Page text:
Successful demand generation is based on the goal of creating new audiences by generating awareness about a given problem and then nurturing prospects through the demand generation funnel.

To measure the success of a demand generation campaign, you might use metrics like:

  • Customer acquisition cost
  • Brand sentiment (via market research surveys)
  • Average deal size

The goal of lead generation marketing activities is to capture existing demand and turn that into leads at the top of a B2B sales funnel.

The most commonly used lead generation metrics include:

  • MQLs and SQLs
  • Conversion rate 
  • Click-through rate
  • Time to conversion 

2. Activities and Channels 

The activities and channels used in demand gen and lead generation efforts are naturally very different, given that they pursue different goals.

Lead generation content is exclusively conversion-based. You’ll see activities like lead gen forms, free trials, newsletter subscriptions and opt-ins, and other gated content like ebooks, guides, and webinars.

Your website is the primary channel where lead gen takes place. 

Social media ads can be conversion-focused, but they more commonly direct pain-point-aware prospects back to a landing page on your website to then fill in a lead capture form.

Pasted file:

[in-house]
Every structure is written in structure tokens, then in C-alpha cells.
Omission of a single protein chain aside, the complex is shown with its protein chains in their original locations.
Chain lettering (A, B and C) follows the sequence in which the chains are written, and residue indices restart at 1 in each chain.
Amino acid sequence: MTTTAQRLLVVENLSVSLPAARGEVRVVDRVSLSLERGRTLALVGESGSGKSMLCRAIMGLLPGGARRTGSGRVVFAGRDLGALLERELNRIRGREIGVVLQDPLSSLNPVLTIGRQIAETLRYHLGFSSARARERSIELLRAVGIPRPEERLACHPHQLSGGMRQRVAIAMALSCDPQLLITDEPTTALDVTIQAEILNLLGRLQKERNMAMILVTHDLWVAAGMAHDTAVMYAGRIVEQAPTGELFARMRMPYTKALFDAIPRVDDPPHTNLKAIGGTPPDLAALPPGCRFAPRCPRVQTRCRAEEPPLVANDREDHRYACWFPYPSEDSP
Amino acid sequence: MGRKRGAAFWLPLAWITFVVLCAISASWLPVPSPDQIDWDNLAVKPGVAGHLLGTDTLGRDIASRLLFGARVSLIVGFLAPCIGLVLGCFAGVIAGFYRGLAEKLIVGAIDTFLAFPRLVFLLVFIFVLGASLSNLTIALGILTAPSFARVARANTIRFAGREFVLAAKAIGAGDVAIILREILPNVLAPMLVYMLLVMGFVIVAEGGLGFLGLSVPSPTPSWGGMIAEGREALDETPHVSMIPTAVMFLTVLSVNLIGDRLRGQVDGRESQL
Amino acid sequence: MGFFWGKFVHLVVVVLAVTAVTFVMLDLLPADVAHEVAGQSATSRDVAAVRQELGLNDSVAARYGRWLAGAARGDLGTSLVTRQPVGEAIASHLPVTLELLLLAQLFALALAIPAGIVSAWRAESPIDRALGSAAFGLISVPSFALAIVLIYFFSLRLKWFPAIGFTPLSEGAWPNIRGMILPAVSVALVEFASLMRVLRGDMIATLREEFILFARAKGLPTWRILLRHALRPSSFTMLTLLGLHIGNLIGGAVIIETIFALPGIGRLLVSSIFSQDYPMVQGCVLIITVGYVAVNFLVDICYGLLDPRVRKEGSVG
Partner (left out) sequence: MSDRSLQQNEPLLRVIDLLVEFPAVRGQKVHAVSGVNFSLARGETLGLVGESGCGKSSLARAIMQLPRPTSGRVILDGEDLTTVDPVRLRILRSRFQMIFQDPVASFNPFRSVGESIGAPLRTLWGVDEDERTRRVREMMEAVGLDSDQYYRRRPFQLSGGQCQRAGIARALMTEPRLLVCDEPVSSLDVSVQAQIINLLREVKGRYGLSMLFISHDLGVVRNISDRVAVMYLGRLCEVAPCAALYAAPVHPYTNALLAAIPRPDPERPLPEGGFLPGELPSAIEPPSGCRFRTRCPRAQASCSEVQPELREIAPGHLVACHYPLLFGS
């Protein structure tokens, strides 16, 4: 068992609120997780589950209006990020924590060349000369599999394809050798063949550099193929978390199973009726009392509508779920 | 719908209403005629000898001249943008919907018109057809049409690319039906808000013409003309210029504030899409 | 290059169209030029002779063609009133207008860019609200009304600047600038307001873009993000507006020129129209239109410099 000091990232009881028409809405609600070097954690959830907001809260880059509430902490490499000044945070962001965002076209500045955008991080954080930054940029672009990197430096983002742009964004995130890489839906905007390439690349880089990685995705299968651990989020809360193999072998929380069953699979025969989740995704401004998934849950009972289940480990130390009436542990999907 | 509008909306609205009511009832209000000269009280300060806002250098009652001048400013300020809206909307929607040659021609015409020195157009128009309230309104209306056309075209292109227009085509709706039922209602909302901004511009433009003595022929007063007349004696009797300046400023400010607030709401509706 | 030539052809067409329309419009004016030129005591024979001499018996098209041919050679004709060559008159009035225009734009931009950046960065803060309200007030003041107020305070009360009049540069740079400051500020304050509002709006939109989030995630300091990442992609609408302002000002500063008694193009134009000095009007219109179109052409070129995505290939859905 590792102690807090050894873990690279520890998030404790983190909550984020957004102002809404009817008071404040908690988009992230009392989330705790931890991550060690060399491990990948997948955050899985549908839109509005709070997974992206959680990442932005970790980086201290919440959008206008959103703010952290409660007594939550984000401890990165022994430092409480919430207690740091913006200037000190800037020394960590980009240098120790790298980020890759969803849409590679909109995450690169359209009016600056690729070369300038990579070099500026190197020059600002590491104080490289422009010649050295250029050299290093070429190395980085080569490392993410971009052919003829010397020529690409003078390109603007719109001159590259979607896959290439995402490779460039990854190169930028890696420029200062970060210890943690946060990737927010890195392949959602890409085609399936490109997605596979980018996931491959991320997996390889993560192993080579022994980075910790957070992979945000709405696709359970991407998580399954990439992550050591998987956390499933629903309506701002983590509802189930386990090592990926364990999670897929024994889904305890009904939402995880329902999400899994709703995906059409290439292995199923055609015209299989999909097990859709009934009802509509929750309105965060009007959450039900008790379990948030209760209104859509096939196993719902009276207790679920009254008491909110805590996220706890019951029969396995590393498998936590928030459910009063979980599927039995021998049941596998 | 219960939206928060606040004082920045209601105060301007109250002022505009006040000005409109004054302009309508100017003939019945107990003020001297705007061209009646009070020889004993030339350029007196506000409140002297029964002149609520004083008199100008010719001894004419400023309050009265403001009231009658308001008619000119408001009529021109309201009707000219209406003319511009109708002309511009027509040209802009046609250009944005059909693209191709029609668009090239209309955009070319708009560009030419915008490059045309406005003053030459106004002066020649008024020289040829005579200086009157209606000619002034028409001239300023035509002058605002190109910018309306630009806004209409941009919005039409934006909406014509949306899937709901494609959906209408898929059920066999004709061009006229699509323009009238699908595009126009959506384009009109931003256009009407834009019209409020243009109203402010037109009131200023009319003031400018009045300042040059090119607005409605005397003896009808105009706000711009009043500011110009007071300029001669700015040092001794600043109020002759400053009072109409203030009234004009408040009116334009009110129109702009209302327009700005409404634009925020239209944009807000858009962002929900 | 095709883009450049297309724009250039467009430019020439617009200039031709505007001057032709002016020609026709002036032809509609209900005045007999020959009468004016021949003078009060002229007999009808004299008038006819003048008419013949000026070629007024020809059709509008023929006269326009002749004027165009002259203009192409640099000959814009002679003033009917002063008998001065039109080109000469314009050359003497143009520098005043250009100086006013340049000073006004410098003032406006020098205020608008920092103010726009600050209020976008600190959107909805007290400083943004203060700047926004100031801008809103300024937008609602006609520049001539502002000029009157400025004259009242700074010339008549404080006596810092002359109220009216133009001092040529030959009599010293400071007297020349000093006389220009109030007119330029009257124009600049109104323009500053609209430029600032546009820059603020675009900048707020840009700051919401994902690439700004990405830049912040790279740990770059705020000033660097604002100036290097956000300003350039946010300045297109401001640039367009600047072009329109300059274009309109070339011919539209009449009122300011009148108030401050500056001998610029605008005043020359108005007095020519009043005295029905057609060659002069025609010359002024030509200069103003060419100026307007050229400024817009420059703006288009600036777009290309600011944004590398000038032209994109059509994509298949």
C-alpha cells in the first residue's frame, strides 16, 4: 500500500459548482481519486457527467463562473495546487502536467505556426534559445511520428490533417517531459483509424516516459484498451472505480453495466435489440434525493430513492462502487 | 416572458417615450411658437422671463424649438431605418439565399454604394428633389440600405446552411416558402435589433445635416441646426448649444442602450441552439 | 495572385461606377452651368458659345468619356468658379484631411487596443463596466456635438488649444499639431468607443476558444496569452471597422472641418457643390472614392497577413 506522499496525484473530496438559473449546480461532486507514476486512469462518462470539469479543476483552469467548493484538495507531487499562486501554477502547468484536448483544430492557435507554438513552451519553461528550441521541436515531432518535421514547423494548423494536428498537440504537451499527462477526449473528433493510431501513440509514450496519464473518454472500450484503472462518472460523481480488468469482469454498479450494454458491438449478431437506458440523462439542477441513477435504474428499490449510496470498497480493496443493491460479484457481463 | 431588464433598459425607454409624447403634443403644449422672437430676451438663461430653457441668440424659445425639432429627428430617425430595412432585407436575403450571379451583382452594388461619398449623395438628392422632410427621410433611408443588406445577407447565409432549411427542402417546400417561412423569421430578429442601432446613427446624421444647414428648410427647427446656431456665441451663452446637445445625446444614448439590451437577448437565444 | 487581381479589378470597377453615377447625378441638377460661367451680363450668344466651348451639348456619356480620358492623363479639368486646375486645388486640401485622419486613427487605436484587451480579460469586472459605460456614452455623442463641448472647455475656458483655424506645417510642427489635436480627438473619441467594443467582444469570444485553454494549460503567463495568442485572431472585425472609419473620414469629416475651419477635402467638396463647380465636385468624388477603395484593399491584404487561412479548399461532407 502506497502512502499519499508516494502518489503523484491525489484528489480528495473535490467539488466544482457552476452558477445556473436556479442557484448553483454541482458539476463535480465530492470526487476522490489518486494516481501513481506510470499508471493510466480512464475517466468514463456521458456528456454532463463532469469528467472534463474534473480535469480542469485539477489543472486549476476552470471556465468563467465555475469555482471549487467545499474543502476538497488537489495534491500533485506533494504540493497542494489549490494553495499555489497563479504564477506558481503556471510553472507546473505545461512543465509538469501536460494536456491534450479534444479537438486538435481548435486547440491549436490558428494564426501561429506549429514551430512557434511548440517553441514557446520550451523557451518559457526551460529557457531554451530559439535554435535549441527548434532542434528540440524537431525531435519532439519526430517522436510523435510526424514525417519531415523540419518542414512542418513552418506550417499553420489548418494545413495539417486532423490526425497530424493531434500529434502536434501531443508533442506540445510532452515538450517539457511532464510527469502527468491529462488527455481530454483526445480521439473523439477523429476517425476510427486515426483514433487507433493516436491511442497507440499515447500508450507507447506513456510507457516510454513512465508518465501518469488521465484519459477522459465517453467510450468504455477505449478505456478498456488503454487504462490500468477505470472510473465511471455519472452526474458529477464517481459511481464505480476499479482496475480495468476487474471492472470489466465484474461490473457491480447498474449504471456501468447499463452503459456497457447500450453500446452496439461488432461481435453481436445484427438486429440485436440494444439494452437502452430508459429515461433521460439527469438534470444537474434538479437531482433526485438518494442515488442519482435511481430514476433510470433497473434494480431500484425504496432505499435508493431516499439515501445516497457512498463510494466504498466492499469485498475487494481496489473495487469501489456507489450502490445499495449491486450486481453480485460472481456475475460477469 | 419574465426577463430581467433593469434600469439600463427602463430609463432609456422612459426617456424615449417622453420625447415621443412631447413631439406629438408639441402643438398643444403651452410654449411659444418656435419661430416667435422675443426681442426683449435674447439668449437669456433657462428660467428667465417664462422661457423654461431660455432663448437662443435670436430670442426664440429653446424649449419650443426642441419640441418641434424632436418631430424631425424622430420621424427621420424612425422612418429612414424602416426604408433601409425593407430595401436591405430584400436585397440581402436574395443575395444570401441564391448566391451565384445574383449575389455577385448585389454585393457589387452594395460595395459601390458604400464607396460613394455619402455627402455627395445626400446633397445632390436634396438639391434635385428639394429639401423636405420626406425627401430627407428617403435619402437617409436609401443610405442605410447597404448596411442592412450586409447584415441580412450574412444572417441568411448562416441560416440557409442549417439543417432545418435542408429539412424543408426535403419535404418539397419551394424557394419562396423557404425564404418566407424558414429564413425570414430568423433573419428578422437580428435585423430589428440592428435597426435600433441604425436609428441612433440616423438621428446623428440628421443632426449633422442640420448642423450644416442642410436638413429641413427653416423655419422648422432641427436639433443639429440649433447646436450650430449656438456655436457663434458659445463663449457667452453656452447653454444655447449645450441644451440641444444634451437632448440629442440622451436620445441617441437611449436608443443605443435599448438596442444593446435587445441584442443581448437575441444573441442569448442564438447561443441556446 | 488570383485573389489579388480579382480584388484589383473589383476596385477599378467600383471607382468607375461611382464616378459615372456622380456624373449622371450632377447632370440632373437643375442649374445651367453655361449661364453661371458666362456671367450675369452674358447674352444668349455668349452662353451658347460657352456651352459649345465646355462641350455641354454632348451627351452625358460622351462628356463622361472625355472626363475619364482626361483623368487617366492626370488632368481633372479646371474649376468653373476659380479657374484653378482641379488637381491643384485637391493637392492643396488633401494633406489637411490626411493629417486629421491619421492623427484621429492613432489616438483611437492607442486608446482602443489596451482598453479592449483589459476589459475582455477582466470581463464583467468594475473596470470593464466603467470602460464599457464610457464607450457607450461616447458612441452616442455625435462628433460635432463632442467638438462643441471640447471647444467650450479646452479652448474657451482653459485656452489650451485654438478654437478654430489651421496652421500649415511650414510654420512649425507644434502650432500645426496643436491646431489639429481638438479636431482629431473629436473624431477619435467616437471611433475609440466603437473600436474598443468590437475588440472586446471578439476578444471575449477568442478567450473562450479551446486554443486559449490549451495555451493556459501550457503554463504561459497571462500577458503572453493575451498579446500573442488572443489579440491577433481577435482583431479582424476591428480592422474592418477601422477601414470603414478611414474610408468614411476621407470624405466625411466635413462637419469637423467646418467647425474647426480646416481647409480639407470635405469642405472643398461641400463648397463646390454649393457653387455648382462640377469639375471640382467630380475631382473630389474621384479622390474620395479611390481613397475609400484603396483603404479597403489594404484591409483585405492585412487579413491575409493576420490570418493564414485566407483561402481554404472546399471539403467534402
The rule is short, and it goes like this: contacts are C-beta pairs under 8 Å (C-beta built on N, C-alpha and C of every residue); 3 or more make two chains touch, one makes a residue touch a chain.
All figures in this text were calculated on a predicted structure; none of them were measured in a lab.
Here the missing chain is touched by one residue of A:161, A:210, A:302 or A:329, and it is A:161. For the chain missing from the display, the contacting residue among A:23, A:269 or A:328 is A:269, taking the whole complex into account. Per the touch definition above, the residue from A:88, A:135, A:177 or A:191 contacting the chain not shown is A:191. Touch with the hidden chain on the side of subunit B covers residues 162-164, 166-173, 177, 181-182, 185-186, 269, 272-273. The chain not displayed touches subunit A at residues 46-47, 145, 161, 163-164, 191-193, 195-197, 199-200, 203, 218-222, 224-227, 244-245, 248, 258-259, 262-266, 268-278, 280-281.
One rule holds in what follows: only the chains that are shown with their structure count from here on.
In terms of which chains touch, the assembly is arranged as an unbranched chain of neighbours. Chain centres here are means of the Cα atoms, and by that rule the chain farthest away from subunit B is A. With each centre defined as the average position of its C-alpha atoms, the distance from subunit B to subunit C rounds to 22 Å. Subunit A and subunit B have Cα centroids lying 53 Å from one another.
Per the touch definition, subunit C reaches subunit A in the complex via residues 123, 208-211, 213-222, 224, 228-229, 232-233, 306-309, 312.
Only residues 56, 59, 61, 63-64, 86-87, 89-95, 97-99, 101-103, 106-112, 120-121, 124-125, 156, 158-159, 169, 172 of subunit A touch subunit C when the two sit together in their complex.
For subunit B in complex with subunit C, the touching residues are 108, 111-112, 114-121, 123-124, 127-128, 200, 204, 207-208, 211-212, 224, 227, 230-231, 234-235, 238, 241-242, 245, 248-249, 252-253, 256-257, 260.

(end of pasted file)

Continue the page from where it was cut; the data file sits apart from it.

3. Customer Experience and Engagement 

The final difference between lead generation and demand generation efforts is what the experience looks like from the customer’s perspective.

The best demand generation examples are highly educational and help customers (most of whom are in the awareness stage and are therefore just discovering the extent of the problem at hand) solve critical problems.

The process is customer-led: the customer is seeking out the information, and the brand is simply there at the right time, in the right place, with the right information.

Lead generation efforts tend to be more product-forward, a little “salesy” (even aggressive), and are initiated by the brand.

The process is brand-led: the company finds ways to get in front of potential customers who are possibly in the market to buy and offers an exchange (our information for your email address).

Where Should You Focus Your Efforts: Demand Generation or Lead Generation? 

In an ideal world, you’ll invest in both demand generation and lead generation.